New Port Richey Police say an officer who gave information to a 'Back the Blue' protester is no longer on the force

The cop let the pro-police Facebook user know when and where he could find Black Lives Matter Pasco protests.

click to enlarge Police officers stand by during a protest in New Port Richey, Florida on Aug. 23, 2020. - DAVE DECKER
Dave Decker
Police officers stand by during a protest in New Port Richey, Florida on Aug. 23, 2020.


The New Port Richey Police Department told Creative Loafing Tampa Bay it no longer employs an officer who allegedly gave a pro-police Facebook user information on the whereabouts of a Black Lives Matter demonstration.

On Sept. 4, Facebook user Jason Guralny shared a picture of himself wearing military gear and multiple pistols, and posted, “So BLM is bringing a bunch of people to downtown NPR tonight??... Hold on, let me get dressed.” The caption included the hashtags #backtheblue, #notinourtown and #blackgunsmatter.

In the comments captured in screenshots and shared by Black Lives Matter Pasco County, Guralny made threats towards protesters.

SCREENSHOT VIA PASCOBLM/FACEBOOK
Screenshot via pascoblm/Facebook


“Yes, we’ve been watching the pathetic freaks for a while. But had info they were bringing more down from the Tampa area tonight. I could care less if they want to walk around looking like clowns,” Guralny wrote, “But pull out one can of spray paint or any acts of violence. And guarantee it will not be in their best interest. And will show other communities on how to handle domestic terrorists, as proud Americans.”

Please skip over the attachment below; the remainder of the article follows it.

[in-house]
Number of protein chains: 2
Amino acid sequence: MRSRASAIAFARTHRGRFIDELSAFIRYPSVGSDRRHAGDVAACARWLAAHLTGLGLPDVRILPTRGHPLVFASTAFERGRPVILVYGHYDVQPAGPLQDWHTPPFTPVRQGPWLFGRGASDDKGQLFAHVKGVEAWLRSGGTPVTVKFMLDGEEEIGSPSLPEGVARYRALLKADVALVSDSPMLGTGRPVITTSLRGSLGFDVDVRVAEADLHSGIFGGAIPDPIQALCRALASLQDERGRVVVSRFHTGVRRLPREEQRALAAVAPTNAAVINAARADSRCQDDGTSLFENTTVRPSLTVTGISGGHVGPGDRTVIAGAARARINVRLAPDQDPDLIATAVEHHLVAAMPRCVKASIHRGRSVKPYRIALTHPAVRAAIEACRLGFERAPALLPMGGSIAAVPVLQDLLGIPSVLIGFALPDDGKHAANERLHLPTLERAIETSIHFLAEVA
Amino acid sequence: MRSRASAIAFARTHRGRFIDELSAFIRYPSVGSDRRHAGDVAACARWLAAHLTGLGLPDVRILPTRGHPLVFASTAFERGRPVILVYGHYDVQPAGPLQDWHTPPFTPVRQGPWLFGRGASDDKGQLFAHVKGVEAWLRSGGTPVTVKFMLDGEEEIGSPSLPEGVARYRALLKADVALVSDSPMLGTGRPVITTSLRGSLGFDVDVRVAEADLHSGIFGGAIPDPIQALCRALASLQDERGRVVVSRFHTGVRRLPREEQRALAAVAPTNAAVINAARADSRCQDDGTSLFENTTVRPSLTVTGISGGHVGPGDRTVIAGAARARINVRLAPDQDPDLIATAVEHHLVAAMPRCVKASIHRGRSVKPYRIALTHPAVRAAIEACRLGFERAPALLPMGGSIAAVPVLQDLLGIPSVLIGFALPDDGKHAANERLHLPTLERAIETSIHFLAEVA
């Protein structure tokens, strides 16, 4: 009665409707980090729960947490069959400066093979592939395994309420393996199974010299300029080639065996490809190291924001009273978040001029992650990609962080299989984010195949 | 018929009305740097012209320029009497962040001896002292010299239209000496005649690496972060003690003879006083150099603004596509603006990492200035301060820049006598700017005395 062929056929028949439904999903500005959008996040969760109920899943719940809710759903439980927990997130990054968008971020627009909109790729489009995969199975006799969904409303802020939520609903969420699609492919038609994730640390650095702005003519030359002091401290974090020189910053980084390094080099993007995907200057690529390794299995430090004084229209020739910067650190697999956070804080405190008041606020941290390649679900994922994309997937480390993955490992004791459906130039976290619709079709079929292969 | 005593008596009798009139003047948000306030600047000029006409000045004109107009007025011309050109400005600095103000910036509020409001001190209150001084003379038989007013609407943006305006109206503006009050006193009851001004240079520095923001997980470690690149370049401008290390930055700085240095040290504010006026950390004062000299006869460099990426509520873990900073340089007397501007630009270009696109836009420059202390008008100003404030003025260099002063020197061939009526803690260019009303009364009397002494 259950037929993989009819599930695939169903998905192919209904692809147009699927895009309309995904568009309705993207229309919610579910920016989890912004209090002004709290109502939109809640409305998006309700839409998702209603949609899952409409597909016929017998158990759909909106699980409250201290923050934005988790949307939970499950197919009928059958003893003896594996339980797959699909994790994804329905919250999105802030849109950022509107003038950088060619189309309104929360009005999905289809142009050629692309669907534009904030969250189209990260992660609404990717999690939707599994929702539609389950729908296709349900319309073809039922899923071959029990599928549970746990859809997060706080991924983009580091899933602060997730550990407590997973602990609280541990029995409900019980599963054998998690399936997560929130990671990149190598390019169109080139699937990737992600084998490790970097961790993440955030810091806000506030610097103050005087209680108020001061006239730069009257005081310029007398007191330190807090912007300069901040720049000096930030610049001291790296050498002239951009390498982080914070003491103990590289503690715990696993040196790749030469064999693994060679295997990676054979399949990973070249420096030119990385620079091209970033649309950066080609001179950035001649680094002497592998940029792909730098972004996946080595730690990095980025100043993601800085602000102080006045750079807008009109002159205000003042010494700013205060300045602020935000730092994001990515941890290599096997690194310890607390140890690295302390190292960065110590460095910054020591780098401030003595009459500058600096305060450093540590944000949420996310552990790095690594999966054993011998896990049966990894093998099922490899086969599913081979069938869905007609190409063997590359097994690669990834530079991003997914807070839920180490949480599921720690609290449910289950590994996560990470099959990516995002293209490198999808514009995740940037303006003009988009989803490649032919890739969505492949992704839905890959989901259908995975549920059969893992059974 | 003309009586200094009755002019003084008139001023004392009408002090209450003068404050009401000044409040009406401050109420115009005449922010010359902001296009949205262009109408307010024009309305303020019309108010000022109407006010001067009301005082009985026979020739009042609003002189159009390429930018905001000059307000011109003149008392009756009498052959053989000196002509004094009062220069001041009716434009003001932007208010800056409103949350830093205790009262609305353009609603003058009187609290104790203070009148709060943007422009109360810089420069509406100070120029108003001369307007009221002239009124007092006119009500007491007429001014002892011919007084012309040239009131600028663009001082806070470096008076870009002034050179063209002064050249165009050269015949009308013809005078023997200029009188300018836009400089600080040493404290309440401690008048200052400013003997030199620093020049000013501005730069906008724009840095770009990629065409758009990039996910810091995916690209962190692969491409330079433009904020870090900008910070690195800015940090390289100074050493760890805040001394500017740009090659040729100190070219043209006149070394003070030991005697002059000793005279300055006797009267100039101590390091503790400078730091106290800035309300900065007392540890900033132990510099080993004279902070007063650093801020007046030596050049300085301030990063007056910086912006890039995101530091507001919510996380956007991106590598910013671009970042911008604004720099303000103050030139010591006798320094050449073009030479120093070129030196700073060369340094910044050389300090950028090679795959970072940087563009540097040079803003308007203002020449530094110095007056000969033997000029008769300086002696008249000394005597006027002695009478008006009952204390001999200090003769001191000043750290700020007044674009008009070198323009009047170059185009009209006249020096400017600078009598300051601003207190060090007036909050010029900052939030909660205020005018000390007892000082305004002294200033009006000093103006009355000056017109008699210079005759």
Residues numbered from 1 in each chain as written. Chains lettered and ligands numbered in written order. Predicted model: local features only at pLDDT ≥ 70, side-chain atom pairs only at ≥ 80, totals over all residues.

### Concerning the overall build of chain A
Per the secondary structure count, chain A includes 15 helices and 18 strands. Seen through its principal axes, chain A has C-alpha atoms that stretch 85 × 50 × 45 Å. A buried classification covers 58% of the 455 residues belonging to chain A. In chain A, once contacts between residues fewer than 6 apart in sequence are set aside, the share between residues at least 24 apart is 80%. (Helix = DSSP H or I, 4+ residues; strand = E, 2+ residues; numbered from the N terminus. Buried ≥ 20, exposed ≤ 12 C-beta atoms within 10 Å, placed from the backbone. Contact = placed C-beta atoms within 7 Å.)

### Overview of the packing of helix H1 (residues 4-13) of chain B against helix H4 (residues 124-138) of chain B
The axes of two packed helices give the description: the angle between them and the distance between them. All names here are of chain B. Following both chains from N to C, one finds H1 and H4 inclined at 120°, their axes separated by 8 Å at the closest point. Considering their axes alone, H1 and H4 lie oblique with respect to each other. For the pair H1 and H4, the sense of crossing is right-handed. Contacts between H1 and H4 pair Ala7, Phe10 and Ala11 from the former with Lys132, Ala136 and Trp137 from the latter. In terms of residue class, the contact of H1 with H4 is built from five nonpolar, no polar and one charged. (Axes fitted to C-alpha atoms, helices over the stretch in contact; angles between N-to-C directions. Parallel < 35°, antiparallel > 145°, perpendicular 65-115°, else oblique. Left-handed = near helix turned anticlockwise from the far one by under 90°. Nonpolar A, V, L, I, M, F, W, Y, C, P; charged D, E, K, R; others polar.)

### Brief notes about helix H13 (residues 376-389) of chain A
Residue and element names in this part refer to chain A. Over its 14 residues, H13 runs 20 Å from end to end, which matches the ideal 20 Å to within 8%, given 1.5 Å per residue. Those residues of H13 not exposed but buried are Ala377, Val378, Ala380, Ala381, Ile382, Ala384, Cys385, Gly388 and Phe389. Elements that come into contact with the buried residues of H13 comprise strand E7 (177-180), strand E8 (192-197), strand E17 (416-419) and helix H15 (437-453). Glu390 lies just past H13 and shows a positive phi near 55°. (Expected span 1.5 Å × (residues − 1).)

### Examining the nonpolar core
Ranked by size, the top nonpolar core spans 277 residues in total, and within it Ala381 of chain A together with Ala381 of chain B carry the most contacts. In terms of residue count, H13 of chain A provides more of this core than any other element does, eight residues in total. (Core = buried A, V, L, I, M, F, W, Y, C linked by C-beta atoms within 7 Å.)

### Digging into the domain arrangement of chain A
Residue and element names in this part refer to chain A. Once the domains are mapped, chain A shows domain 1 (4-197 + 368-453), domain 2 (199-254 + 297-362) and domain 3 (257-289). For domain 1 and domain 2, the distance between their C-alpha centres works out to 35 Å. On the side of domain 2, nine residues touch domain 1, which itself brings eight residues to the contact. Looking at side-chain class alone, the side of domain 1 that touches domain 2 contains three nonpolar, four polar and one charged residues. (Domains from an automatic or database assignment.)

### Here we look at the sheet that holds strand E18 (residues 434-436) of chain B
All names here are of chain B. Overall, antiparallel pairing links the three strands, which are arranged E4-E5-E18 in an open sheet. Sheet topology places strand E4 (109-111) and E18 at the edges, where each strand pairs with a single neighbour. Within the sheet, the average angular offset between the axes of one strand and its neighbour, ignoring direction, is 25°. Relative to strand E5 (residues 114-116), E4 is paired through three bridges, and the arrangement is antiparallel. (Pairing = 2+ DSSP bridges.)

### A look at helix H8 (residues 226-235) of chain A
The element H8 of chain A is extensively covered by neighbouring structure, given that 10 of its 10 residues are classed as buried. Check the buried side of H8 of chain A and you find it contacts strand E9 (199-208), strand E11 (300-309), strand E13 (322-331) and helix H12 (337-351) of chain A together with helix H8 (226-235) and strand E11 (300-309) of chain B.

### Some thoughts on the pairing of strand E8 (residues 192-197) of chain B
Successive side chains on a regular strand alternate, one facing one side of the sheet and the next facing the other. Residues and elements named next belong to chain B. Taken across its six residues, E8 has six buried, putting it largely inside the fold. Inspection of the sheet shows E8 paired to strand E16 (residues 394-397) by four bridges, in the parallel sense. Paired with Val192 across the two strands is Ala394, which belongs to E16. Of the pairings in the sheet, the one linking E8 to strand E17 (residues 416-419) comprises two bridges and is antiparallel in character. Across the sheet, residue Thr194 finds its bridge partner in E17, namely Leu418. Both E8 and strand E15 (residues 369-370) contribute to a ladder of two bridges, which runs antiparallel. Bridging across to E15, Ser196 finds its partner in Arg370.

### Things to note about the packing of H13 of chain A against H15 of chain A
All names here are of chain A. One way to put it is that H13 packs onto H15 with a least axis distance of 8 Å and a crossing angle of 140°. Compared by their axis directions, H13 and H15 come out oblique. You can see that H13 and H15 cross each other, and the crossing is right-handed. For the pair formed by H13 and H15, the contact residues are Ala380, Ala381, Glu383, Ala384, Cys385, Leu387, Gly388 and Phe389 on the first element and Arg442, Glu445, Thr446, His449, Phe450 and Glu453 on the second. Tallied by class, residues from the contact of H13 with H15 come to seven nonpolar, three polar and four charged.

Guralny’s threats were made toward a protest that was scheduled for that night. However, the event was canceled, but former New Port Richey police officer Corey Oliver jumped in the comments to casually give the armed vigilante police information. 

“They canceled for tonight but will be doing silent protest tomorrow per my departments intel,” Oliver wrote.

Another commenter asked “what department are you at!?” to which Guralny replied, “No, just a patriotic American. Standing up for our community and our law enforcement officers.” Oliver corrected Guralny, saying, “I think she was asking me lol I work at NPR PD as an officer now.” 

When CL contacted NPR PD about the online exchange, Deputy Police Chief Lauren Letona wrote, “Corey Oliver is no longer employed with our agency.” When asked for details about why Oliver no longer worked for the department, Letona said she forwarded the query to police chief Kim Bogart, who did not respond. 

SCREENSHOT VIA PASCOBLM/FACEBOOK
Screenshot via pascoblm/Facebook


On Sept. 15, BLM Pasco activist Marlow Jones was removed from New Port Richey City Council chambers after going over his allotted three minutes for public comment as he tried to explain the problem surrounding police officers who give information to pro-police Facebook users.

“Tell me why innocent protesters like us are being targeted by someone like this,” Jones said, after New Port Richey Mayor Rob Marlowe tried to interrupt him. “And a New Port Richey officer is telling this man where innocent protesters are going to be.”